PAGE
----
Arterio-venous malformation (AVM) of the brain factsheet


An arterio-venous malformation (AVM) is a condition that happens in the tiny capillaries between an artery and a vein.

  • arteries are passages that carries blood away from your heart
  • veins are passages that carry blood towards the heart
  • capillaries are small blood vessels that join arteries and veins together.

In AVM, the capillaries can get bigger and get tangled up. When this happens, the pressure pushes blood through these bigger capillaries back to the heart instead of its normal pathway to the rest of the body. This means the heart must work harder, and the oxygen and nutrients in the blood do not reach parts of the body. 

AVMs can be found anywhere in the brain or spinal cord and can spread from the outer surface to the inner cavities, called ventricles.

AVMs are a congenital condition. This means they develop while a baby is growing during pregnancy.

 Signs and symptoms

Only a small number of children with AVM will show symptoms straight away. Many children never show any signs of symptoms.

Symptoms can include:

Most AVMs are found when there is bleeding in or around the brain.

A large AVM in a newborn baby can lead to heart problems caused by the increase in pressure.


See your local doctor as soon as possible if your child shows signs and symptoms of an AVM.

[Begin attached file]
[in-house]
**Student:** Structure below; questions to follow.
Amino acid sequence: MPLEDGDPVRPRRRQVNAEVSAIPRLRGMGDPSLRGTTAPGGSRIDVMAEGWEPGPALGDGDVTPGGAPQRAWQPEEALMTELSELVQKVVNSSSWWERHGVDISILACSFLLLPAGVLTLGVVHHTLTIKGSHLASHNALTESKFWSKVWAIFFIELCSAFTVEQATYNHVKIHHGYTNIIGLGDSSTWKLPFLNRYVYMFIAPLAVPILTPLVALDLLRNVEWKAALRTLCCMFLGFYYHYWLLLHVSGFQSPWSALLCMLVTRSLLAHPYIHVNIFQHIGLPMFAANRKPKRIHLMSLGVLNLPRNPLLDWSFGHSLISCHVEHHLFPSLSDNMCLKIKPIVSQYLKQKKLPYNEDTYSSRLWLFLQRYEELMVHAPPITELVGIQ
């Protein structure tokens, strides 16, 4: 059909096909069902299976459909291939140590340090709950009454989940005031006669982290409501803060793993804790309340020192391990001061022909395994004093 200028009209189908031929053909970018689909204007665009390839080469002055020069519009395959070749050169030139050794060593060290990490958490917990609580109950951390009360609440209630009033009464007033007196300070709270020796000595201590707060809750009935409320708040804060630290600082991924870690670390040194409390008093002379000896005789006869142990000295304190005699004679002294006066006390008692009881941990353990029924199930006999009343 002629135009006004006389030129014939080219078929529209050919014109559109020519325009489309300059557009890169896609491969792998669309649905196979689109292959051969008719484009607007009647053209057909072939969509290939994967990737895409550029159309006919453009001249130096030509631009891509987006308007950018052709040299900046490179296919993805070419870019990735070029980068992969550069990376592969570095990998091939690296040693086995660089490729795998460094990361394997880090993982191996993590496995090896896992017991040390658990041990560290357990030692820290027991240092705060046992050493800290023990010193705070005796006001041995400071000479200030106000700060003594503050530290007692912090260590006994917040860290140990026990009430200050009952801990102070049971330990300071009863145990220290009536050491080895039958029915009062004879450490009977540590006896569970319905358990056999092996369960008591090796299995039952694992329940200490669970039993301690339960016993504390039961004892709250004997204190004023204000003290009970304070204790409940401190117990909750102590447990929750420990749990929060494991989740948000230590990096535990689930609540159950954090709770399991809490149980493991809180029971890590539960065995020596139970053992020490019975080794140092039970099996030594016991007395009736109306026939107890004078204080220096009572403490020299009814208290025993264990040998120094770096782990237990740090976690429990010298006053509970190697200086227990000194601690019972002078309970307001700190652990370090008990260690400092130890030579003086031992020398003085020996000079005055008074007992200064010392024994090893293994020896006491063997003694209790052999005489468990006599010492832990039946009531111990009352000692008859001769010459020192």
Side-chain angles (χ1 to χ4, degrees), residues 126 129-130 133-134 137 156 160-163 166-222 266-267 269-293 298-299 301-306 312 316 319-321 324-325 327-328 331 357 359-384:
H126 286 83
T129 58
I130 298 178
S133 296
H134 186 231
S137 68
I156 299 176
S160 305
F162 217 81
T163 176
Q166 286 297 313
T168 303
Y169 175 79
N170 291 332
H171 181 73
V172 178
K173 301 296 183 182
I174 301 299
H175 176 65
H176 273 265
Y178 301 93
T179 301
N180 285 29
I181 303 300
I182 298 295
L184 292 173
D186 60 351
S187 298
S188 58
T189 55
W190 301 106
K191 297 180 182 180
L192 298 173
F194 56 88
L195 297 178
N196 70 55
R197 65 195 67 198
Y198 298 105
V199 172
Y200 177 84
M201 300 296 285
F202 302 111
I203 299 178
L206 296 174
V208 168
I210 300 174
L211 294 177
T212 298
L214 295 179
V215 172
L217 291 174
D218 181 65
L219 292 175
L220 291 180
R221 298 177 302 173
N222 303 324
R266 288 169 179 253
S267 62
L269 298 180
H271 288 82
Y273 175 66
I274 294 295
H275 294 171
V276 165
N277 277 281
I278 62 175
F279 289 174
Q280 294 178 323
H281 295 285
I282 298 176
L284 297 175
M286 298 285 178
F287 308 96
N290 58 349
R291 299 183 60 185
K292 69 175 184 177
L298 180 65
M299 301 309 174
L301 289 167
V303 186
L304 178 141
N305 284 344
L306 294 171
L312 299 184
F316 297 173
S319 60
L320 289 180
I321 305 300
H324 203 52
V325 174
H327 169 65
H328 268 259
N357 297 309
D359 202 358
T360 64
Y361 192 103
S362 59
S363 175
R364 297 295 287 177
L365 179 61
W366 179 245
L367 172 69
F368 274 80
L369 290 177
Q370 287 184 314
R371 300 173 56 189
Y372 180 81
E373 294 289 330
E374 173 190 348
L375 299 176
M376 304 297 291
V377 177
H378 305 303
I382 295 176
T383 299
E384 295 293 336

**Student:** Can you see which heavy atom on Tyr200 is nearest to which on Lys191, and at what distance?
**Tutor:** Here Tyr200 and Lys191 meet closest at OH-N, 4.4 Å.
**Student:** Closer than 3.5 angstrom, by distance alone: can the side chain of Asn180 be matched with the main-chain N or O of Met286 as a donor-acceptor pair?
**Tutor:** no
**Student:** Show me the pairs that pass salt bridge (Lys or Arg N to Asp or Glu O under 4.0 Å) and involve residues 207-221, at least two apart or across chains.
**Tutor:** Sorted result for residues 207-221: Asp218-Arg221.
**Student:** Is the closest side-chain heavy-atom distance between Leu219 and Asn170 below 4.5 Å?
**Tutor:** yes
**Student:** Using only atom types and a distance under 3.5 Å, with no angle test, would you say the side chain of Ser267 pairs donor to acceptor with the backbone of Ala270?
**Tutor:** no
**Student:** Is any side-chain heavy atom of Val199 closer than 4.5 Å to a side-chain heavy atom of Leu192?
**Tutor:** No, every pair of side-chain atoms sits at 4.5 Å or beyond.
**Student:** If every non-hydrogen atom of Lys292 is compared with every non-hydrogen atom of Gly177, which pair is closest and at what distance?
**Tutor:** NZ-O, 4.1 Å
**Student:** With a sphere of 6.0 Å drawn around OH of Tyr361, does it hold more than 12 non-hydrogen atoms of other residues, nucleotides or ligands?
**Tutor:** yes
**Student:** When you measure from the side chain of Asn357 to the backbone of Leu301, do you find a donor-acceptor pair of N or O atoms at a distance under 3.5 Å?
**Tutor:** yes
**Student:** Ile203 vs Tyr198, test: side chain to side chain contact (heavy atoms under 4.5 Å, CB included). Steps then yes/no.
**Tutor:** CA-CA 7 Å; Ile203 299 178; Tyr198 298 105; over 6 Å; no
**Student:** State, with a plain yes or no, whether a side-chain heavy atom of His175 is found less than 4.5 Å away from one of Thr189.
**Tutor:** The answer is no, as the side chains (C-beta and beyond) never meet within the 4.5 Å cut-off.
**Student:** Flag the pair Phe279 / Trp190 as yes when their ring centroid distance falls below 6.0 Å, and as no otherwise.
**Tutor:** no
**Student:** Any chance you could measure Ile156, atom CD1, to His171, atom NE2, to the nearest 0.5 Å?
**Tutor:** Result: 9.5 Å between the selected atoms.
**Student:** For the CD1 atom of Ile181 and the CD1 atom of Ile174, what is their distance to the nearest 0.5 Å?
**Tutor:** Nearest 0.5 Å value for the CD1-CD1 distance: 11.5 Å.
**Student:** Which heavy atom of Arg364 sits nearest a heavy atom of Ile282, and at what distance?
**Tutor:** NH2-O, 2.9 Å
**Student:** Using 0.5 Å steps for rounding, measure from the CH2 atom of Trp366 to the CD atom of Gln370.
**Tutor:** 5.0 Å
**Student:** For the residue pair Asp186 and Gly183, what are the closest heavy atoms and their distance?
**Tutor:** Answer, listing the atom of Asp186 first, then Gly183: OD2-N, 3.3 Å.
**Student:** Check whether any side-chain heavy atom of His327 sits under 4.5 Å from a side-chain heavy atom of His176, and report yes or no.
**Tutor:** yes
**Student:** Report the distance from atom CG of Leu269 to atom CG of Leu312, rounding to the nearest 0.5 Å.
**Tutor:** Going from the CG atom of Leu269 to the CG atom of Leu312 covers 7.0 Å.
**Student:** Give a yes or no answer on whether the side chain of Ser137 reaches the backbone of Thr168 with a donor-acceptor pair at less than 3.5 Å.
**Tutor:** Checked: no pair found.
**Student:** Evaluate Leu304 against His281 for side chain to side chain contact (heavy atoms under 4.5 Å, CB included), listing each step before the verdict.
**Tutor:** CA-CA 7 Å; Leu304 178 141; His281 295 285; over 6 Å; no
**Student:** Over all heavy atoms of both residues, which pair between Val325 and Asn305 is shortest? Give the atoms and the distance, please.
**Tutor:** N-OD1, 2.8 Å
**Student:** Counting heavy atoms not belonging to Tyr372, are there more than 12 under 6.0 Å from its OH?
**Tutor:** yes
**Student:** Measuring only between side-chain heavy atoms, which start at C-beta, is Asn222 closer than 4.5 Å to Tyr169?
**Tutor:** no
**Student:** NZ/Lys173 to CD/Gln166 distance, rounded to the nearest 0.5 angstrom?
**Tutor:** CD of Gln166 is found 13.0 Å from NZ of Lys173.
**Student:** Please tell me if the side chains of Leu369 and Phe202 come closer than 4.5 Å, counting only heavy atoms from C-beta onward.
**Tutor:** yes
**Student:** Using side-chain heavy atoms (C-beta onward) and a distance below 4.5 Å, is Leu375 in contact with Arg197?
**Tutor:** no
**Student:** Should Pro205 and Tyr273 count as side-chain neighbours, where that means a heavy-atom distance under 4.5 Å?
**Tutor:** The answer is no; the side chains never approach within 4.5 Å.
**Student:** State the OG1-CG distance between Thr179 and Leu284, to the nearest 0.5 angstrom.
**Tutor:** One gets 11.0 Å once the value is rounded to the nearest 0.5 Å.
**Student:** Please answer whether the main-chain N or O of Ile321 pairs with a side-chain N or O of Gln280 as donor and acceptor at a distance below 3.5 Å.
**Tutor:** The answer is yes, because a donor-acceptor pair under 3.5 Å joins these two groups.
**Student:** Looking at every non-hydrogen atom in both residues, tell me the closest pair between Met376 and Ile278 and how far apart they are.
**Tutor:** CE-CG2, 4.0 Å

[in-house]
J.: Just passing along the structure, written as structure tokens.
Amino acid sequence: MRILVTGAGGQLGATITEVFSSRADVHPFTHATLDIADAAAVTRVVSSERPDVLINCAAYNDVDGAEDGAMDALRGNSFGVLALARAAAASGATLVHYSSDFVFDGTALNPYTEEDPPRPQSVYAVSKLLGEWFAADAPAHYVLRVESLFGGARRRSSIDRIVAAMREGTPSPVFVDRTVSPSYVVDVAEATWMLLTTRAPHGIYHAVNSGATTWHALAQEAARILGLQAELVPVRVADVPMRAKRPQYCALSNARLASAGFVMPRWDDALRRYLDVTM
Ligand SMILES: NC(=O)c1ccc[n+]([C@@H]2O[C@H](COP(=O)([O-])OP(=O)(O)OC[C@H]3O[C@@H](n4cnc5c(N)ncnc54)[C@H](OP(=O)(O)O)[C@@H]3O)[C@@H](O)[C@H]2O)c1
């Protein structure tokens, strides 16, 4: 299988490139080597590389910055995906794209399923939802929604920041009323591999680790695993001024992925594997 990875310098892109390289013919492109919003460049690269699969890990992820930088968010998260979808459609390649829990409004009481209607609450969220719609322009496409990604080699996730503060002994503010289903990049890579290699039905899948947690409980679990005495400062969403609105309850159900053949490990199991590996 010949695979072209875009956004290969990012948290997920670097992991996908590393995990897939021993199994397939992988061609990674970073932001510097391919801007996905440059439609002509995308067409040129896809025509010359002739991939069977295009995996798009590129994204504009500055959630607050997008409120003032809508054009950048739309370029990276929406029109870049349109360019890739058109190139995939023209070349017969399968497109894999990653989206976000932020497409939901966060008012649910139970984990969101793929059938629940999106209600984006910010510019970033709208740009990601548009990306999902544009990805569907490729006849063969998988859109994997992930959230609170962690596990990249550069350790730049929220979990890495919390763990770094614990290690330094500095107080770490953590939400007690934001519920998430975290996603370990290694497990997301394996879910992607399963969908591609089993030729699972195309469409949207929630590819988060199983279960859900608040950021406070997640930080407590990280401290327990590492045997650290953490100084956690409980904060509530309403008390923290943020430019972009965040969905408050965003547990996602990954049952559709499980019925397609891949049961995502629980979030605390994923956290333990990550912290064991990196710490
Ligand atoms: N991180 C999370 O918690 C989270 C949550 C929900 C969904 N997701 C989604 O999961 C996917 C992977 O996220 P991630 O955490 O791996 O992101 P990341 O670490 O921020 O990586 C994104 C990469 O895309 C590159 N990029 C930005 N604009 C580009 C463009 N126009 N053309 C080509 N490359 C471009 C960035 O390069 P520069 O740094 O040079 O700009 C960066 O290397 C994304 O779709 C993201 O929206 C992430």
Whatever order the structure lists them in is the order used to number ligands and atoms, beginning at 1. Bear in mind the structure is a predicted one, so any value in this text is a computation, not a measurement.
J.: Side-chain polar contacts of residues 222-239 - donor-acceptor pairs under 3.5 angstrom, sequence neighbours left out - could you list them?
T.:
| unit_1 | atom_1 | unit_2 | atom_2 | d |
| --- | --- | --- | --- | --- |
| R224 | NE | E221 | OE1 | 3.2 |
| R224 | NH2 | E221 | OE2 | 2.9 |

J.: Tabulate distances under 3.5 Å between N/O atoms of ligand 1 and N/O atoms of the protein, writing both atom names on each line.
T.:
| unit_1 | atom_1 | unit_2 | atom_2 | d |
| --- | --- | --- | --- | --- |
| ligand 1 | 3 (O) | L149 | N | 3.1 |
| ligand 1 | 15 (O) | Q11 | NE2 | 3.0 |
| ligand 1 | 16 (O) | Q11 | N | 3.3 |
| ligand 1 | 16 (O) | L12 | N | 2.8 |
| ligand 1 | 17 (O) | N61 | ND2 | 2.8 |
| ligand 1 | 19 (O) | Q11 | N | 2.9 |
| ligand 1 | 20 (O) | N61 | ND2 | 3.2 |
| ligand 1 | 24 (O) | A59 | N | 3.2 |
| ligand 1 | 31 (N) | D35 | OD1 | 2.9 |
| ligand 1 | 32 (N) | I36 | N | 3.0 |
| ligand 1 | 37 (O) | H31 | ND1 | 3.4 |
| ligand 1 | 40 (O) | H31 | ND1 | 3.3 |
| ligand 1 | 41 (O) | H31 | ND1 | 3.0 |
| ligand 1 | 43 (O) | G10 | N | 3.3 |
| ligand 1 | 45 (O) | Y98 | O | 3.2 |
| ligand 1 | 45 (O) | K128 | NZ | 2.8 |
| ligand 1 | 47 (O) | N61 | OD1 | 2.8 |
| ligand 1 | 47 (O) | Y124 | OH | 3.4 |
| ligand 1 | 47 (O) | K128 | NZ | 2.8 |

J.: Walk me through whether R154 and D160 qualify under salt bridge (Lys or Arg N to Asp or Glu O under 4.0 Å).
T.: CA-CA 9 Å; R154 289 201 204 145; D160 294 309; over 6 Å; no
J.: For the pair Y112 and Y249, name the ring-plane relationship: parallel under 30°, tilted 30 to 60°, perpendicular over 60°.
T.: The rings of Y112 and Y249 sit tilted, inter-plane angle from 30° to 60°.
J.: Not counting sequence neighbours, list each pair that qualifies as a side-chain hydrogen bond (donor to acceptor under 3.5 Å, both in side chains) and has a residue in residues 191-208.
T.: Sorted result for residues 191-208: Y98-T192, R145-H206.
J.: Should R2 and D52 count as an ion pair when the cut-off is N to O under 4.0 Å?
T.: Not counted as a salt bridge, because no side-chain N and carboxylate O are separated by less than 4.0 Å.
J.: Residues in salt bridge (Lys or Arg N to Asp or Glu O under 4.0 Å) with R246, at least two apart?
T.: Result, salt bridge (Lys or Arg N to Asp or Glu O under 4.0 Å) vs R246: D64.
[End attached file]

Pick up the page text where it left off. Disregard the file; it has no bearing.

AVM is diagnosed by a doctor by:

  • listening to the head or neck with a stethoscope for a bruit – the sound of increased blood flow
  • doing a CT or MRI scan to get a picture of the inside of the head or spinal cord
  • doing an angiogram – where dye is injected into a blood vessel that goes to the brain.


How an AVM is treated will depend on:

  • where they are in the body
  • how big they are
  • the symptoms they are causing.

Treatment of AVM can be complicated. It can include:

  • surgery – removing the abnormal capillaries
  • radiosurgery – using radiation to damage the abnormal capillaries
  • endovascular treatment – inserting a small tube into the abnormal capillaries and blocking them with a special substance
  • a combination of all the above.


Vein of Galen Malformation

The vein of Galen Malformation is a rare condition where an AVM forms in one of the large veins of the brain. This stops cerebrospinal fluid from flowing properly.

Cerebrospinal fluid is the watery fluid that flows in and around the brain and spinal cord. It gives protection and nourishment to the brain and takes away waste.

When the cerebrospinal fluid builds up, pressure increases and can cause the ventricles to get bigger. This can lead to a condition called Hydrocephalus. Hydrocephalus causes the head to swell and can cause severe brain damage.

Resources and more information

Last updated Tuesday 5th March 2024


This factsheet is provided for general information only. It does not constitute health advice and should not be used to diagnose or treat any health condition.

Please consult with your doctor or other health professional to make sure this information is right for you and/or your child.

The Sydney Children’s Hospitals Network does not accept responsibility for inaccuracies or omissions, the interpretation of the information, or for success or appropriateness of any treatment described in the factsheet.

© Sydney Children’s Hospitals Network 2024